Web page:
Anand explained that a number of factors contribute to the success of the zero rupee notes in fighting corruption in India. First, bribery is a crime in India punishable with jail time. Corrupt officials seldom encounter resistance by ordinary people that they become scared when people have the courage to show their zero rupee notes, effectively making a strong statement condemning bribery. In addition, officials want to keep their jobs and are fearful about setting off disciplinary proceedings, not to mention risking going to jail. More importantly, Anand believes that the success of the notes lies in the willingness of the people to use them. People are willing to stand up against the practice that has become so commonplace because they are no longer afraid: first, they have nothing to lose, and secondly, they know that this initiative is being backed up by an organization—that is, they are not alone in this fight.

This last point—people knowing that they are not alone in the fight—seems to be the biggest hurdle when it comes to transforming norms vis-à-vis corruption. For people to speak up against corruption that has become institutionalized within society, they must know that there are others who are just as fed up and frustrated with the system. Once they realize that they are not alone, they also realize that this battle is not unbeatable. Then, a path opens up—a path that can pave the way for relatively simple ideas like the zero rupee notes to turn into a powerful social statement against petty corruption.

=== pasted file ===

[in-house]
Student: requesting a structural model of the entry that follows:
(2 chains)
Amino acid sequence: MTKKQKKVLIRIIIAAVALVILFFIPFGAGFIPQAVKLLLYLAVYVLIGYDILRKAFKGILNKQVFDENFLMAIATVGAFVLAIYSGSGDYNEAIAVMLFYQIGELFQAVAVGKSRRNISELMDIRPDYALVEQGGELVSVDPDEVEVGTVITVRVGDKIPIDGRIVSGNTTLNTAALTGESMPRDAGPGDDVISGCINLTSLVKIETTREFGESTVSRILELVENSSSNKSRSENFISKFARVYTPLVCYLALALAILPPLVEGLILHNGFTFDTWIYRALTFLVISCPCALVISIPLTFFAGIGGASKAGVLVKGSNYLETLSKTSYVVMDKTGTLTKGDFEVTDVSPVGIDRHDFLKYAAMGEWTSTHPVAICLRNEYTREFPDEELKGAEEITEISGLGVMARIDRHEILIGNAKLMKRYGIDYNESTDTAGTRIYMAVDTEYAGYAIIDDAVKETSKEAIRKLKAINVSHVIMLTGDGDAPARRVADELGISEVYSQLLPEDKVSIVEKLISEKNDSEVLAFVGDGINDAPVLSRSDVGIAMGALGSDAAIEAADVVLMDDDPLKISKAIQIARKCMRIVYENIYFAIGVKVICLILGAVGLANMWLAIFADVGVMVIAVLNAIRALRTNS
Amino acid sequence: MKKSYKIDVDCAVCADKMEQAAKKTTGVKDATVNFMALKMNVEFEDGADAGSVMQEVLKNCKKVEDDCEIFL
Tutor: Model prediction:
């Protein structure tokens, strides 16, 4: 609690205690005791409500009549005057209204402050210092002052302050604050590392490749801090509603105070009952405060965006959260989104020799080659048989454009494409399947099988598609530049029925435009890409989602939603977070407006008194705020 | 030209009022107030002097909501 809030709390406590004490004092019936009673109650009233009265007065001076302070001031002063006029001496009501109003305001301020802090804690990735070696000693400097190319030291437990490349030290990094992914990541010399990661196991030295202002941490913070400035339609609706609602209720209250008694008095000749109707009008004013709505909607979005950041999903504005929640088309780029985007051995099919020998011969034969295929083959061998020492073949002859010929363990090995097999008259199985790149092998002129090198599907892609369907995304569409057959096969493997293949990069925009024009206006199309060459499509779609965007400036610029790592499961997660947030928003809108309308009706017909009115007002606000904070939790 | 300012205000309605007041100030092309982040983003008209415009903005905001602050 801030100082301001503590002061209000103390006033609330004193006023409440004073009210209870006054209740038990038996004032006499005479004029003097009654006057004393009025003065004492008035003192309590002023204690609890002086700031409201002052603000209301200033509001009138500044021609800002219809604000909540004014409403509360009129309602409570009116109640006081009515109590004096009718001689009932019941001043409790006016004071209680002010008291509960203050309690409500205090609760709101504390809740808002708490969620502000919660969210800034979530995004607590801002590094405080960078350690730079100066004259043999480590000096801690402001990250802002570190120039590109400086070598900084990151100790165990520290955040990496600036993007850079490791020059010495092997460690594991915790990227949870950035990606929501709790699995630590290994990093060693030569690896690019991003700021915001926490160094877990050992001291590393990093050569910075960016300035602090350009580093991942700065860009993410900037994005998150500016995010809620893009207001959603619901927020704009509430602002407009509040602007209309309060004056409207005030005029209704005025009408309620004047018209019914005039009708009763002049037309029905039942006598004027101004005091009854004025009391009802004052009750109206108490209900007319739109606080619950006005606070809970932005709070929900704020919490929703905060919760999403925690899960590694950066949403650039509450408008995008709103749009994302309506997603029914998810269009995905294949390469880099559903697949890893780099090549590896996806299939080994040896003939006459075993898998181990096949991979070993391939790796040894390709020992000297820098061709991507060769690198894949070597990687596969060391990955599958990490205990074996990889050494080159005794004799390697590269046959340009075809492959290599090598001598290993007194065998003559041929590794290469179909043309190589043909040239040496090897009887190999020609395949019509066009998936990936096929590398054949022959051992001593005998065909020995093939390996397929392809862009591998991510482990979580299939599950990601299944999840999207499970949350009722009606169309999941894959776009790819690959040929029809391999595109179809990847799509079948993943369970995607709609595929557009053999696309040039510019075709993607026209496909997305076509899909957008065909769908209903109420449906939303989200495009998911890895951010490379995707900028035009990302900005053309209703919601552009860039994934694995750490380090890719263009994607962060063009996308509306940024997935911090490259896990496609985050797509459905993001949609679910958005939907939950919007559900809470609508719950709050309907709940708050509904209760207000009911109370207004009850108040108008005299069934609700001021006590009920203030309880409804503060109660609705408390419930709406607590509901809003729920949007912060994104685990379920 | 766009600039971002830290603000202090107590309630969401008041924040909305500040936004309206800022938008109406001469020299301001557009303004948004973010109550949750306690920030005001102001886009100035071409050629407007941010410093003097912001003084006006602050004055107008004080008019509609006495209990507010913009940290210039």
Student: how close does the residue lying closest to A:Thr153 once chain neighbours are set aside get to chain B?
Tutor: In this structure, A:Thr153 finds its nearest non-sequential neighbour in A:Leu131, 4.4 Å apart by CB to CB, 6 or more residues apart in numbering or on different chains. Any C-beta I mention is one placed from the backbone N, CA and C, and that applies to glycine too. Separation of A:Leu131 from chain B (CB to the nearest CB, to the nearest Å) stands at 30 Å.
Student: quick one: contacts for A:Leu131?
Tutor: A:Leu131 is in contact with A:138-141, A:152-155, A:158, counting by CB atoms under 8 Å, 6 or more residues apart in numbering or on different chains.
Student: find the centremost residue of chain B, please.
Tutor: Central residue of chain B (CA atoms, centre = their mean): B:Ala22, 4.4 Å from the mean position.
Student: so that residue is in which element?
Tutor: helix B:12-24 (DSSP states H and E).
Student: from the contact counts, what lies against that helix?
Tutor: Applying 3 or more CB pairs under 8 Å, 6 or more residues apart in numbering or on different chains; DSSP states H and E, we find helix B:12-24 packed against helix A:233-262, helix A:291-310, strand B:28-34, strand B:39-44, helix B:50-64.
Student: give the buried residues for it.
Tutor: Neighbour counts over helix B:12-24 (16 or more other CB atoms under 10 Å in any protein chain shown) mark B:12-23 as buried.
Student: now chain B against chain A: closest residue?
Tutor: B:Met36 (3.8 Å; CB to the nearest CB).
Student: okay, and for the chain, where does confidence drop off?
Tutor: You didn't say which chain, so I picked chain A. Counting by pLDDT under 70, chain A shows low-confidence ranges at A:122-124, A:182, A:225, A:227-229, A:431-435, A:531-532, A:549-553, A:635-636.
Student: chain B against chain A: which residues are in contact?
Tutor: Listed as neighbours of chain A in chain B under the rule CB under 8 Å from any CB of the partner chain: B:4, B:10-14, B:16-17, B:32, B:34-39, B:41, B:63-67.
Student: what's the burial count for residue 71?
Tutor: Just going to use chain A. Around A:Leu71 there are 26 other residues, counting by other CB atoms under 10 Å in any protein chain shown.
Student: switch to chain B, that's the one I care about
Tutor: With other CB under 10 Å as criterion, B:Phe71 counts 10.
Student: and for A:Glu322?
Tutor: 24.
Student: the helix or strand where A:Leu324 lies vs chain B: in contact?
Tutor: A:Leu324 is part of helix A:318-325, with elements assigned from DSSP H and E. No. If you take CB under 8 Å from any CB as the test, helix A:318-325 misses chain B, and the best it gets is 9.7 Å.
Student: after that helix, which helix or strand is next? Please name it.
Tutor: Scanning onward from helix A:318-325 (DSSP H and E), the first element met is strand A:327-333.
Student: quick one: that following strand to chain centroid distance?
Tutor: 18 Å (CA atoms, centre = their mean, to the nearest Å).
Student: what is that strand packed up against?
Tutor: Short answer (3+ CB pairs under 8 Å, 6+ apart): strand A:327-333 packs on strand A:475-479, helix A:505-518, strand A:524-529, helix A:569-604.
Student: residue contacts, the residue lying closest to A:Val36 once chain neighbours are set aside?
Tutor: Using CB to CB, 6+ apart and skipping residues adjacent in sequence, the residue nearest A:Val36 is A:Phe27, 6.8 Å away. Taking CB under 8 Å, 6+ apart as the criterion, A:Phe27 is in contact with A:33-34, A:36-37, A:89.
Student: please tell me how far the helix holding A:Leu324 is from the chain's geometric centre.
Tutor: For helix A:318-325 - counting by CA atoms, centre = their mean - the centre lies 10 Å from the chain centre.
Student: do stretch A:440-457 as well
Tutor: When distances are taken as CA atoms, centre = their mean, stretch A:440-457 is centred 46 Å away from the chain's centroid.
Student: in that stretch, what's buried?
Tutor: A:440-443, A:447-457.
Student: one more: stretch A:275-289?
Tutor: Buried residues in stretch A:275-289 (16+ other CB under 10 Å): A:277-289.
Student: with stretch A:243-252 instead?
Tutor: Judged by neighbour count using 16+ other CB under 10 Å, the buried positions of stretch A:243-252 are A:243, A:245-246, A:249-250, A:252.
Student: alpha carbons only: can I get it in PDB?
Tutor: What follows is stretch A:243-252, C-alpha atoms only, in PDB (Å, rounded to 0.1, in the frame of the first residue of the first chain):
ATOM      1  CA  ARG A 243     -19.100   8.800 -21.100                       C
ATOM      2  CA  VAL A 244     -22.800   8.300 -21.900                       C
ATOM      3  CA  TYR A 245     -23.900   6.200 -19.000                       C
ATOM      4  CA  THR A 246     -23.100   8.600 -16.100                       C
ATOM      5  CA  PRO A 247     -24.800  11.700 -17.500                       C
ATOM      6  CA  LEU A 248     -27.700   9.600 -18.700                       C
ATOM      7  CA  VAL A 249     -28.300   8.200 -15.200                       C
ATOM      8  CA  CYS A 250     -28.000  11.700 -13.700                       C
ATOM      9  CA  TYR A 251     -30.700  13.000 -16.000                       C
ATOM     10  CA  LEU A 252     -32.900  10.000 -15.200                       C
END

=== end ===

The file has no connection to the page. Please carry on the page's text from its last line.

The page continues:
Photo Credit: 5th Pillar

Comments

There are millions of old ladies and downtrodden people living this nightmare daily. I am not sure about, a zero rupees note can change something or not. but yes it is a good initiative to inspired others to stand tall for a noble cause.